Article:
There is a lot of serious talk about America’s overstressed, underfunded and unappreciated water and wastewater infrastructure systems, but what are we doing about it? Are there some guiding principles for innovative, sustainable financing? Here are five “easy pieces” to solving the trillion-dollar dilemma:
1. Valuing Water to Support People & Systems
The price of water lies at the heart of the problem, and the solution lies in building greater awareness of the true value of water. Check out the 2010 report, “What’s Water Worth?” at www.cwaa. us. The Clean Water America Alliance (CWAA), which employs me, held a national dialogue on the topic to help frame our larger efforts toward more integrated and holistic policies on water. Also check out the Water Environment Federation’s newly launched “Water’s Worth It” campaign at www.wef.org. Both help the public understand the difference between price and value and the growing cost of taking water for granted.
Water pricing is both science and art. There is a lot we can do to help communities and agencies develop sustainable ratemaking strategies that move in the direction of “full cost” or “true value” pricing (i.e., rates more closely reflecting the value of the service provided), without abandoning the social safety net for those who cannot afford to pay. We need a full court press on the science of ecosystem services and infrastructure life-cycle analyses and the art of building public support for reasonable and necessary rate, fee, and/or local tax increases.
2. Partnering Between Public & Private Entities
Policymakers need to continue to probe the barriers and boundaries to public-private partnerships and look for ways to increase collaboration and community choices for designing, building, operating and financing public water and wastewater systems. Private sector technologies, ranging from nutrient recovery to biogas generation,
to real-time monitoring and data management systems, continue to provide solutions on which public entities depend. There must be a willingness to consider appropriate private sector involvement, particularly with declining public funds and increasing rates. Otherwise, community systems run the risk of suffering from what I call the “Public Rust Doctrine”—refusing to explore private-public partnerships to prevent public-purpose systems from rusting and decaying.
Many national and local leaders are looking to infuse public service with private enterprise. There is growing support for bipartisan legislation that would remove the Internal Revenue Code’s state volume cap on private activity bonds to facilitate private investment and public-private partnerships. In addition, the Natural Resources Defense Council’s (NRDC) February 2012 report, “Financing Stormwater Retrofits in Philadelphia and Beyond” (www.nrdc.org), includes a description of promising techniques to meeting the storm water challenge through market-based approaches involving fees, offsite mitigation and credit programs. NRDC estimates a potential market for third-party investments in storm water retrofits in Philadelphia on the order of $376 million.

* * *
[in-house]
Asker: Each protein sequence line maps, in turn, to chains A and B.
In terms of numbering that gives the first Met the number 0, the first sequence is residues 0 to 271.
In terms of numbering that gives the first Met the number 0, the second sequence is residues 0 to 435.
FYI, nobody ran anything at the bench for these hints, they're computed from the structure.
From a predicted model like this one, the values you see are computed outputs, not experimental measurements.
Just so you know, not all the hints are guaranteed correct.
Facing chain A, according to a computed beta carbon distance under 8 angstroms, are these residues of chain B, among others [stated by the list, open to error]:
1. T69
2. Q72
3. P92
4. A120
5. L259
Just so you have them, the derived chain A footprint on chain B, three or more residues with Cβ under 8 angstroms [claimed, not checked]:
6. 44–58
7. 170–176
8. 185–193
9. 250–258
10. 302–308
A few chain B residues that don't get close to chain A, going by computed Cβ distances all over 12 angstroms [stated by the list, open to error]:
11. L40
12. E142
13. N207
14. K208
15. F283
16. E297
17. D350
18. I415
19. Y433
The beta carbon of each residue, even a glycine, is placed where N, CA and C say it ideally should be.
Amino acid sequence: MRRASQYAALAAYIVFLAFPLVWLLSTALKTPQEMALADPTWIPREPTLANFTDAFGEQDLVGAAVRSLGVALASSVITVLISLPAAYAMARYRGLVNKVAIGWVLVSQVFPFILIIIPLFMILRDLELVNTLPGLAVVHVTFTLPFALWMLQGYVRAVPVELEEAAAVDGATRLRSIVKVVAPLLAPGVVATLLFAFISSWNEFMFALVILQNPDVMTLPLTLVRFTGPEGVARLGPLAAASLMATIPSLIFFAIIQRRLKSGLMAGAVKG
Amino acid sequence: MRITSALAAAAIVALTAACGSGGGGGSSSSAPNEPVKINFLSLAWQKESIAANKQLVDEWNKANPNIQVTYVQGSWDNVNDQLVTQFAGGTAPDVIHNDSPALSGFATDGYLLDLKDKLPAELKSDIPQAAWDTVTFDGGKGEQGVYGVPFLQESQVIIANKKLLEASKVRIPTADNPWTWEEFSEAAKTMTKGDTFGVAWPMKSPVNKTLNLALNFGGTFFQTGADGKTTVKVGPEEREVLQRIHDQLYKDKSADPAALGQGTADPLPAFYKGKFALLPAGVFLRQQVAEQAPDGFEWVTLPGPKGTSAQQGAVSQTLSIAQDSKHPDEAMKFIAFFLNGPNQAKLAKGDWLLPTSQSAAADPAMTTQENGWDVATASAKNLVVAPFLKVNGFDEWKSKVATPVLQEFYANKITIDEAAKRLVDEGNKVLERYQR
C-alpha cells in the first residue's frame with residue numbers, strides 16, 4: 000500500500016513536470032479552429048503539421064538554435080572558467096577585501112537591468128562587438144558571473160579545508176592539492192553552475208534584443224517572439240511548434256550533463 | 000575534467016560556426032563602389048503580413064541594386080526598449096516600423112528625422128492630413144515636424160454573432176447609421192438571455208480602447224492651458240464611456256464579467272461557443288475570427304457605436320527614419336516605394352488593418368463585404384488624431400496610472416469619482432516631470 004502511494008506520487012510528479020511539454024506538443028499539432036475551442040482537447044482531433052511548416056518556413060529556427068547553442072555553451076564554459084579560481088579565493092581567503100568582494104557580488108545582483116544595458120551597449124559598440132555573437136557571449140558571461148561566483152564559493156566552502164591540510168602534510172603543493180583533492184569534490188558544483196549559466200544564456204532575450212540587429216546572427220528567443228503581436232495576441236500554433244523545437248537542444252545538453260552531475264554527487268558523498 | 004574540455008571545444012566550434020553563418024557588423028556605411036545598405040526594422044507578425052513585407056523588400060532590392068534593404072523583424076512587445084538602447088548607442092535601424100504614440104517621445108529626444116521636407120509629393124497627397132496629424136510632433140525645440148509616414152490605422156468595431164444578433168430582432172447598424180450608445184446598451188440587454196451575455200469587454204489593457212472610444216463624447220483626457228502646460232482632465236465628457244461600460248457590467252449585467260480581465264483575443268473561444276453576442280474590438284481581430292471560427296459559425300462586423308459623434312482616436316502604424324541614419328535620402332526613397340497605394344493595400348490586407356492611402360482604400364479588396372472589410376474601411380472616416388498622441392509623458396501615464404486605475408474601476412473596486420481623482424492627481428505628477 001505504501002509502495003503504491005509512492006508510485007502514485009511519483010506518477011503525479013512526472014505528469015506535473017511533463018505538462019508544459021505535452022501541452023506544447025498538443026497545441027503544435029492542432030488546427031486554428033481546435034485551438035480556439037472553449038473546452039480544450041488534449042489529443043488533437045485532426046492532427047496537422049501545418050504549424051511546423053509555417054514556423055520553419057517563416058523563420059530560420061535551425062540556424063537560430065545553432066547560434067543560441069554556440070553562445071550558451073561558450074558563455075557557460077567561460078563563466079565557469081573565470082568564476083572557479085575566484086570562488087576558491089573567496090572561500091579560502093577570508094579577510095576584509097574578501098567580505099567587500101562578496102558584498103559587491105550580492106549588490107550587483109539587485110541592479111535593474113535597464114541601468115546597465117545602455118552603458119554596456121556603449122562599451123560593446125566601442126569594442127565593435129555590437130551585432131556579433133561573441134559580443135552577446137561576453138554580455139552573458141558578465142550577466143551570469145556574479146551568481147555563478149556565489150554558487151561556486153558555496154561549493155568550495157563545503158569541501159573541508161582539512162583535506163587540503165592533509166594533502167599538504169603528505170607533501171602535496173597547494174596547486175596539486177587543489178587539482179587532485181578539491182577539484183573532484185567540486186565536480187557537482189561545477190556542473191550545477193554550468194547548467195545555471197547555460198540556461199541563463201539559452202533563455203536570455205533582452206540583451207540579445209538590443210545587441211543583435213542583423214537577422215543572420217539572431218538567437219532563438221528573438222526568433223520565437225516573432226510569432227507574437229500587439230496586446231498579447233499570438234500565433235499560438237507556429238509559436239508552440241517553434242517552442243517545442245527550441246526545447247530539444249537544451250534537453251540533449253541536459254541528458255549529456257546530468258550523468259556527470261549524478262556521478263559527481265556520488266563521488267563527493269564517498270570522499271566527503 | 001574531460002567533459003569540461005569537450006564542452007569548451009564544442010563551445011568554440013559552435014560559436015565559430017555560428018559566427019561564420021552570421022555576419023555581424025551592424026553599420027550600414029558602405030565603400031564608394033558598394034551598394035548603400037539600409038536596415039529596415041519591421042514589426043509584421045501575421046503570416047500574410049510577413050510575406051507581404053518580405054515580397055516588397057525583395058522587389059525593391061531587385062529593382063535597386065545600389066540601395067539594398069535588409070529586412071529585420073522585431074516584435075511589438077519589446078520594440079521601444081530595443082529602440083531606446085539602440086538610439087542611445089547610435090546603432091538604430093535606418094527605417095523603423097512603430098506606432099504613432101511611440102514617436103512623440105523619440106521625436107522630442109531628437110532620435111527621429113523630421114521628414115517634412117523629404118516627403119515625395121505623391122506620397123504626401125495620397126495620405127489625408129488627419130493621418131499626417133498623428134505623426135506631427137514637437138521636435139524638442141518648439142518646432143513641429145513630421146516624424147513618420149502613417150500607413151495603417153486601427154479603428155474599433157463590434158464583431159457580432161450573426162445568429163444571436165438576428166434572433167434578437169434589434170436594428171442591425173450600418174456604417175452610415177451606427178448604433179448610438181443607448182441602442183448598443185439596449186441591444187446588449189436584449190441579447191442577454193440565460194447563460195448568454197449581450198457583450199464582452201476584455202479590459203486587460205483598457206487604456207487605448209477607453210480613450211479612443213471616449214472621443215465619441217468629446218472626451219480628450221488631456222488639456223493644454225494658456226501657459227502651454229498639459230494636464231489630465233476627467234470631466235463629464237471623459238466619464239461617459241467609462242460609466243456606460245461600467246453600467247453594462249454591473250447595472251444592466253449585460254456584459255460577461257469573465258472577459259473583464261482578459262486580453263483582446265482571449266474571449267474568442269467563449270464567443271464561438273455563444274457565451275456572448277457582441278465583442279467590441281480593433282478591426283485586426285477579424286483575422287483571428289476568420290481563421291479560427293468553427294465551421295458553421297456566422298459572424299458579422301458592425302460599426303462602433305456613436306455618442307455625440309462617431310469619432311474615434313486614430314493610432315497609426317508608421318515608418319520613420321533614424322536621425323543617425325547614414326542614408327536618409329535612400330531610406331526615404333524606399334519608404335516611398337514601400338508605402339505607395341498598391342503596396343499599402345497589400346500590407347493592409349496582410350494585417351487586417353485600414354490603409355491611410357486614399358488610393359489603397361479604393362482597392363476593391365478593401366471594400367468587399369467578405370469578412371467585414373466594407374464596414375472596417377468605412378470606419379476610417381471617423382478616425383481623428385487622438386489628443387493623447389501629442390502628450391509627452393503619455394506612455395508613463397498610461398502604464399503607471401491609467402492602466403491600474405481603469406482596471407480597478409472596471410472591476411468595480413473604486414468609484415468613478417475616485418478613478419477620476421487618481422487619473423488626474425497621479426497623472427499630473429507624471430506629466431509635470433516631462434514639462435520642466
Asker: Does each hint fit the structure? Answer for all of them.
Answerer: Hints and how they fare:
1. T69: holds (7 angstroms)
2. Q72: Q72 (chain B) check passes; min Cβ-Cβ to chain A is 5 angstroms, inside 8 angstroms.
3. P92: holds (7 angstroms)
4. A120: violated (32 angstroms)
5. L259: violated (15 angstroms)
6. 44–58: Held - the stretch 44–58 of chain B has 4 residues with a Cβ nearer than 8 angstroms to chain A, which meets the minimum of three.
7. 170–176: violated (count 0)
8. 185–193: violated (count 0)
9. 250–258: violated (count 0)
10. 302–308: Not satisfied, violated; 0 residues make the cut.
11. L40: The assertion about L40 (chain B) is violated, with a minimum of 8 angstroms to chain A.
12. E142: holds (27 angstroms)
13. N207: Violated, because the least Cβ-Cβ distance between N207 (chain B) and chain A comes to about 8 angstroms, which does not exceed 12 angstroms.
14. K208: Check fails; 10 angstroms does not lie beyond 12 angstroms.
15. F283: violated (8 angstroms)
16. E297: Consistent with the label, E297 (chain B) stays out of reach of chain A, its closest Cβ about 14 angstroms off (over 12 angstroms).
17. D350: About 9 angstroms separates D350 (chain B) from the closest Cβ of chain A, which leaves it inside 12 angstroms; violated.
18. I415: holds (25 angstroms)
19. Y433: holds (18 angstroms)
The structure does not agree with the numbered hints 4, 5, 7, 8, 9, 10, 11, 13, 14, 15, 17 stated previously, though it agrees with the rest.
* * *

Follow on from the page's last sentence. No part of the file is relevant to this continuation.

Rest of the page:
3. Greening Infrastructure & Recovering Resources
Communities increasingly are embracing green infrastructure strategies while recognizing the continuing and legitimate role of durable, sustainable gray infrastructure. CWAA’s 2011 “Barriers and Gateways to Green Infrastructure” report reveals that a prime motivator for communities in meshing more green infrastructure with gray infrastructure is to save money and energy. We know that hard, gray infrastructure has been at the heart of much of America’s progress in meeting Clean Water Act and Safe Drinking Water Act goals and requirements. We also know communities can manage storm water and prevent overflows, improve air quality, reduce the urban heat island effect, and enhance livability through innovative approaches that integrate more green infrastructure with existing grey infrastructure.
4. Connecting Infrastructure, Watersheds & Sustainability
Local and regional water and wastewater infrastructure projects should benefit from early and integrated planning efforts before funding and construction decisions are made. Integrated planning and collaborative review can help to reduce the risk that environmentally or fiscally unsustainable projects move forward. The effort takes time, but pays off in the end.
5. Thinking Nationally, Acting Locally
All water is local, except when it is not—such as when it touches on or affects regional health, economics, or ecosystems, or when it becomes an issue of such growing importance that our natural heritage, homeland security or economic competitiveness are put at risk. We need a national strategy to increase funding from users and beneficiaries in the private sector, with revenues dedicated to water infrastructure solutions tailored to local and regional conditions. Phrases like, “It’s the economy, stupid!” and, “It’s all about the pipes,” still resonate. There is more to the picture, though, and the sooner we recognize that, the more success we will have in connecting the dots and protecting the drops.
Benjamin H. Grumbles is president of the U.S. Water Alliance. Views expressed in this column may not necessarily reflect those of the Alliance or its members. Grumbles can be reached at firstname.lastname@example.org.